It is little wonder that the development of these places has long been a top priority of governments at various levels in Zhejiang. In 2021, the mountain and sea coordination and collaboration project was given new impetus, with the province designated as a demonstration zone for common prosperity, a term that has gained much popularity as the nation seeks to continue to narrow its wealth gap and improve people's quality of life after eradicating absolute poverty.
Last year, the authorities have taken a series of steps to upgrade the project so that it better meets the needs of high-quality development. One step involves formulating customized and preferential policies for each of the 26 counties and districts in the mountainous areas.
According to the policies, each place is encouraged to make the utmost of its existing conditions as well as find the most suitable path for future development.
Chun'an county in Hangzhou is focusing on the bottled water and beverages industry, while wooden toys make up the core industry in Yunhe county in the city of Lishui, which already exports all over the world. A characteristic industry for each of the 26 counties and districts is being sought.
A set of guidelines issued early this month by the provincial authorities to promote rural vitalization in these places has asked for the implementation of 10 broad measures and various targeted submeasures, including providing quality training to farmers to promote employment, sending more expert teams to these areas and developing at least one agricultural whole-industry chain worth a billion yuan in each of these counties and districts.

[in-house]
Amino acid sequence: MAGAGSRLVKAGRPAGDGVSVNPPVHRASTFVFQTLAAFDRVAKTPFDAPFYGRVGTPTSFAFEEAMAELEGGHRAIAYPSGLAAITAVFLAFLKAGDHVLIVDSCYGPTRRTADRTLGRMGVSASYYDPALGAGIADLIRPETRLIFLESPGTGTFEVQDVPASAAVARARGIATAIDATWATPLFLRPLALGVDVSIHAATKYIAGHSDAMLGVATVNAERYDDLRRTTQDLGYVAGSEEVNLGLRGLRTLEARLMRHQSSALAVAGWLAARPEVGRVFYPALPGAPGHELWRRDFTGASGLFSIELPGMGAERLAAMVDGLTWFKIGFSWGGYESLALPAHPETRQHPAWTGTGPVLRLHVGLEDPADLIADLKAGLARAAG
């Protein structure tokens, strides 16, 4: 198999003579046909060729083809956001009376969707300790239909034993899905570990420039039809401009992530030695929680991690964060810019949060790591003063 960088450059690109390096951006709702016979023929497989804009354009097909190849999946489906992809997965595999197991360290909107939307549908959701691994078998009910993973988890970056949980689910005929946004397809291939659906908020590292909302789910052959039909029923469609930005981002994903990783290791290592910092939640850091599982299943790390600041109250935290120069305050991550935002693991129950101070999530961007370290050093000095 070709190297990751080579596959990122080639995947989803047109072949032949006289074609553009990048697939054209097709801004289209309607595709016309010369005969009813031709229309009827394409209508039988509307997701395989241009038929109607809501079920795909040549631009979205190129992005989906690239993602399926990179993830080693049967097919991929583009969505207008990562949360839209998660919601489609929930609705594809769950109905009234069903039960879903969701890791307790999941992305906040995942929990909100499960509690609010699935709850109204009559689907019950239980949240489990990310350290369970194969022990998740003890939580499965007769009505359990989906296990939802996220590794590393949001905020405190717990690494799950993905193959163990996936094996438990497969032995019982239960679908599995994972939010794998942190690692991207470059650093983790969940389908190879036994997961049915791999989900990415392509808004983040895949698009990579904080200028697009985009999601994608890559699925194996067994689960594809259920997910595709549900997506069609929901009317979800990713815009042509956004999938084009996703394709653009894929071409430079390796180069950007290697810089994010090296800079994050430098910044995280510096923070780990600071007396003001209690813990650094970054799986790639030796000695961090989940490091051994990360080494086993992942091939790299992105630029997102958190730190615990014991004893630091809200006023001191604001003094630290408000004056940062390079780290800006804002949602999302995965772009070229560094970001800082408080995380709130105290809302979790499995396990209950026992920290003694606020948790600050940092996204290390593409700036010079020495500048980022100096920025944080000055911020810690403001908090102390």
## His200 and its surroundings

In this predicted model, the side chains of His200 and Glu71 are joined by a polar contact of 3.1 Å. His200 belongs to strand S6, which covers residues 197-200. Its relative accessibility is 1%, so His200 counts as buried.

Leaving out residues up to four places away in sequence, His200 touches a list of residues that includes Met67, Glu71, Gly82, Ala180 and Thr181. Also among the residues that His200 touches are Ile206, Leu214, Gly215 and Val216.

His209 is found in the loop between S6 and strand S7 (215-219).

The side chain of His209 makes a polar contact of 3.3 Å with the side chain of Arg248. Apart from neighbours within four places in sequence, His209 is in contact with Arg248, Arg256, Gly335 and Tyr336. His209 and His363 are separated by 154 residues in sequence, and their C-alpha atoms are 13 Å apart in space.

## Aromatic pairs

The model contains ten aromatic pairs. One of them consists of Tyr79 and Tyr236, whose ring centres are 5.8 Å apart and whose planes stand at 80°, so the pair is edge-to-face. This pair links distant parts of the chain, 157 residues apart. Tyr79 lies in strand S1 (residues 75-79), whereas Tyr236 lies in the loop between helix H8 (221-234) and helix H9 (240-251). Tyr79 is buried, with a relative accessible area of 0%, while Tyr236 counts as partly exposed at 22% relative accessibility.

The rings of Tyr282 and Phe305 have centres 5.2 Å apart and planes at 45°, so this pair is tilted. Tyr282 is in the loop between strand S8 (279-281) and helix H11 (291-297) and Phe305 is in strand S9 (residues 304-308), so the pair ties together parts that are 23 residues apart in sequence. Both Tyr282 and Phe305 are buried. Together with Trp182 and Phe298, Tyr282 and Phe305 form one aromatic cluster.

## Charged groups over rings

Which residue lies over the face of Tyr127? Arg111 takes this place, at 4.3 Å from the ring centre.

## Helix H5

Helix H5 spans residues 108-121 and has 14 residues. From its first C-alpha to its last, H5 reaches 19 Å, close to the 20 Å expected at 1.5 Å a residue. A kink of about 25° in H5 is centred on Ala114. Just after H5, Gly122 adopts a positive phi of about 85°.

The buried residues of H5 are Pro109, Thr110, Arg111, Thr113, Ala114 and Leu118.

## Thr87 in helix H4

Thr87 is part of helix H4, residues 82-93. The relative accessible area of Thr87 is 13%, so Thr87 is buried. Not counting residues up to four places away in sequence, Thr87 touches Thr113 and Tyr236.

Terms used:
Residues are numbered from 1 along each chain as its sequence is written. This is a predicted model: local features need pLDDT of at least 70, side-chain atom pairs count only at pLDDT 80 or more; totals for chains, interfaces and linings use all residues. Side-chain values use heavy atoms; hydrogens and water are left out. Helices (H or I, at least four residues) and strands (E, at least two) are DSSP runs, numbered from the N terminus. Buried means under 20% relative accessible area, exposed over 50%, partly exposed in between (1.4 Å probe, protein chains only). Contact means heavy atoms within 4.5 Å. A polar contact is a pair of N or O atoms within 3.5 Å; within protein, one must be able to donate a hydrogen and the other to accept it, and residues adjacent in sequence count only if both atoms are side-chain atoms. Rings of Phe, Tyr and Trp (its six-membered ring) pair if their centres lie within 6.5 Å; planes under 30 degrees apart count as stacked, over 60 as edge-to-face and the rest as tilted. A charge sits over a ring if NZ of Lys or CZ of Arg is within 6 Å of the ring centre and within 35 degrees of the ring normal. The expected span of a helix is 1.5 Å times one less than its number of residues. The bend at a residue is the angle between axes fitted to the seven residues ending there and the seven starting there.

Progress has already been made.
According to the Zhejiang Provincial Bureau of Statistics, in 2021, the per capita disposable income of urban and rural residents in the 26 counties and districts in the mountainous areas were 53,710 and 27,619 yuan respectively, up 9.8 percent and 11.1 percent over the previous year, and 0.6 and 0.7 percentage points higher than the provincial average.
In the first quarter of this year, the GDP of these places reached 166.5 billion yuan, up 5.1 percent year-on-year, the same as that of the provincial average, bucking the trend of being continuously lower over the years. During the same period, the growth rates of fixed asset investment, general public budget revenue and the disposable income of residents in these counties and districts were also higher than the provincial average.
The mountain and sea coordination and collaboration project and the accompanying policies have already become part of Zhejiang's institutional arrangements for the pursuit of common prosperity, said Yu Jianxing, president of Zhejiang Gongshang University and a leading expert on public administration and governance.
"Over the past two decades, the implementation of the project has laid a solid foundation for a more balanced development in Zhejiang," Yu said. "More significantly, it will serve as a model for regional coordination in other provinces."